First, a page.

Because we’re all affected by world events, difficult classroom conversations can come up at any time, whether the topic of the course is directly focused on hot-button issues or not. But in a semester shaped by an ongoing pandemic, racist violence, and an enormously consequential election, the likelihood of tough discussions—in fact, the need to have them—is higher than ever.
It’s essential to be thoughtful about how we approach such conversations, particularly in a virtual environment where there are not only barriers to engagement, but also advantages and tools that can make the attempt easier and more productive.
As California State University Channel Islands points out in their helpful resource Difficult Conversations, Virtually Speaking, “What works with minimal reflection in a face-to-face workplace — such as choosing a common place to gather, figuring out where to sit (if the group sits at all), what to do to ‘warm up,’ how to take breaks, and how to close the meeting — all change once the group ‘goes digital.’ And those changes only compound the existing challenges we face in conducting difficult conversations.”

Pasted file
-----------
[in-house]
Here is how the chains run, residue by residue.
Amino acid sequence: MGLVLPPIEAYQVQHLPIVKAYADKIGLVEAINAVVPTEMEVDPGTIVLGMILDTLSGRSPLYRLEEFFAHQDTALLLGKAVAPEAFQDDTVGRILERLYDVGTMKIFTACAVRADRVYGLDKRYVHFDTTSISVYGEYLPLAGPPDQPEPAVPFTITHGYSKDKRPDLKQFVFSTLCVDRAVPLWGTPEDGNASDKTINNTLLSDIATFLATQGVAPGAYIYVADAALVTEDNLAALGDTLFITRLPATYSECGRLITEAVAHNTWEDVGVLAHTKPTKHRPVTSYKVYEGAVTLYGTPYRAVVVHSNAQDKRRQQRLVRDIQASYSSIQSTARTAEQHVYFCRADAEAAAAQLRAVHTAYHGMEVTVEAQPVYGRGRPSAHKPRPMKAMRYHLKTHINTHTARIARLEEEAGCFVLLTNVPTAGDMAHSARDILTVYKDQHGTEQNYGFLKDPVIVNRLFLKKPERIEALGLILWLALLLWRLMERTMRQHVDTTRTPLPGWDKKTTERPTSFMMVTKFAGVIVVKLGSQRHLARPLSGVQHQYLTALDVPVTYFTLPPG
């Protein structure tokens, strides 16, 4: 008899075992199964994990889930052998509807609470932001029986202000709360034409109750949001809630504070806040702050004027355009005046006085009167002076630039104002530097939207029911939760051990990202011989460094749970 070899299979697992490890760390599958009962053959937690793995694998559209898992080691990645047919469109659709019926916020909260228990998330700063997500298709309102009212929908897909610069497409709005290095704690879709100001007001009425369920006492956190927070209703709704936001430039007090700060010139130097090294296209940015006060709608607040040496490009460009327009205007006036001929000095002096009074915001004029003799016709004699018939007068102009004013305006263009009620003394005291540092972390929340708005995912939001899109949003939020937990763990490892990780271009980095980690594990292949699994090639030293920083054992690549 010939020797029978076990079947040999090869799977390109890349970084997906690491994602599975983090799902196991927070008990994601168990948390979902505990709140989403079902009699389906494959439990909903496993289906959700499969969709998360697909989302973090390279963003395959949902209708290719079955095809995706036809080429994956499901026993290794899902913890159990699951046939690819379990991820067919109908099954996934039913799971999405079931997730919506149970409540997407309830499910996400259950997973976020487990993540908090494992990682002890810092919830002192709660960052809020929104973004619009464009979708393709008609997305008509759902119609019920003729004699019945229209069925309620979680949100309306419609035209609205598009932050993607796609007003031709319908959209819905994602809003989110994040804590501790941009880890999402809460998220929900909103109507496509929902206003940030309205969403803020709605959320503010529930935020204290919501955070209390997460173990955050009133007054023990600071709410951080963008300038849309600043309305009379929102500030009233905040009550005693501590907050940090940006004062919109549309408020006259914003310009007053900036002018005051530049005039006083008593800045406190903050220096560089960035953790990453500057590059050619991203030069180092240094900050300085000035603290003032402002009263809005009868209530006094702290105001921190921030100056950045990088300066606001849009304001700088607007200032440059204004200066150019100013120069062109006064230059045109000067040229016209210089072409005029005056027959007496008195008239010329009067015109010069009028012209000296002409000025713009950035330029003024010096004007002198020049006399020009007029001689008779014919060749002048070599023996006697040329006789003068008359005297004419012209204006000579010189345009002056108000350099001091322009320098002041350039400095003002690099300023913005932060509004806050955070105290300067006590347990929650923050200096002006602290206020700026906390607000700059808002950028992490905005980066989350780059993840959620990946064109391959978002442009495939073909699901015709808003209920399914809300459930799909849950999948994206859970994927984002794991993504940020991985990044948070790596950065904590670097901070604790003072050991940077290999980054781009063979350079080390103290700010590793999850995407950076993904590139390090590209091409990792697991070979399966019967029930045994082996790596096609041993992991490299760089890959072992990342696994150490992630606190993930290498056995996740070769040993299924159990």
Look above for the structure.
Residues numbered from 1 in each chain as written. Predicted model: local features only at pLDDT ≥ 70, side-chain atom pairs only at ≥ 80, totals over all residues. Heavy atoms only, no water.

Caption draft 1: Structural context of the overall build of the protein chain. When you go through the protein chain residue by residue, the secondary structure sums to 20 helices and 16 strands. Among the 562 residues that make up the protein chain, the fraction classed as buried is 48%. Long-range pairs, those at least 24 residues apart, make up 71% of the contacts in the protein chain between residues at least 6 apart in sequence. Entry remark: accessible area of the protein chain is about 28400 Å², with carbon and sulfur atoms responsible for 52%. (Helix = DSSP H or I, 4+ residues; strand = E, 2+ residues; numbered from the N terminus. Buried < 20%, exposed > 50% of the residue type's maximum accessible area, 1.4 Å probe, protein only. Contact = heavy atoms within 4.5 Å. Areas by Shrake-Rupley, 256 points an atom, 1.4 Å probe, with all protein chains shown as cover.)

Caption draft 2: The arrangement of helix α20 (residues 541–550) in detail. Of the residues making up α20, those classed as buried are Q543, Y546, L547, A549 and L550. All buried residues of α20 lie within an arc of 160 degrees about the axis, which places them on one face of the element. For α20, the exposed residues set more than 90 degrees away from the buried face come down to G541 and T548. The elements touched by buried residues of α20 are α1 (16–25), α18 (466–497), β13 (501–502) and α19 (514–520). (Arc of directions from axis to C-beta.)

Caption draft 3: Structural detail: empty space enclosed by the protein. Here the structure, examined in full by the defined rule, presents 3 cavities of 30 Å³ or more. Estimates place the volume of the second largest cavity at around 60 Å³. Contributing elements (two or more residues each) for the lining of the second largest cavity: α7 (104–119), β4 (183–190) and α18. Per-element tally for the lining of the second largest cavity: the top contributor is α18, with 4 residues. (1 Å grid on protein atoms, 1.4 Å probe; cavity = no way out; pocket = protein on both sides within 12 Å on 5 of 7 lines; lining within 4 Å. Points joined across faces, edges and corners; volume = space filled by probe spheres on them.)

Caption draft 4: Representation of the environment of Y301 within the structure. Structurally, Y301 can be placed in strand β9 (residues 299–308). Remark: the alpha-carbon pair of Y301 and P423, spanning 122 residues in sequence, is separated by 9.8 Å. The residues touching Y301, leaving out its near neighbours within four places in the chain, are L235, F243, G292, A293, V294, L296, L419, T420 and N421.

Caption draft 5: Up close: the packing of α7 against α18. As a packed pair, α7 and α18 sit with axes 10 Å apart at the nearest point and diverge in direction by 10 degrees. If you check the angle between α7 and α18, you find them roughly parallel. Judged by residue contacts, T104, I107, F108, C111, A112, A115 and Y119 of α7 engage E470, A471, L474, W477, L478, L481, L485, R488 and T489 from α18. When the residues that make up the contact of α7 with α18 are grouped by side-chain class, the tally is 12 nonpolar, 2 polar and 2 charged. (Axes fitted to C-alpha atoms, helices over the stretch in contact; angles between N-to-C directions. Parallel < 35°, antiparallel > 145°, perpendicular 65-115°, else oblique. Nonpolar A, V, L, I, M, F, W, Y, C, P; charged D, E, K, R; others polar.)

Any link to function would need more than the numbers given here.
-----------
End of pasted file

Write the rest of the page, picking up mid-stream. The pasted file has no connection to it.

The resource points to a number of issues that can make it hard to have a productive discussion in a digital space, including difficulties reading one another’s emotions, barriers to close listening, and temptations to turn one’s attention elsewhere and multitask. But the virtual classroom also brings with it helpful tools, including anonymous polling to read the temperature of the room and solicit low-stakes participation.
We at CNDLS have gathered a number of resources on this topic, and you can find them on our Difficult Discussions page. We hope these resources will help you to make the most out of these charged interactions that can, if we handle them right, lead to deeper engagement and learning.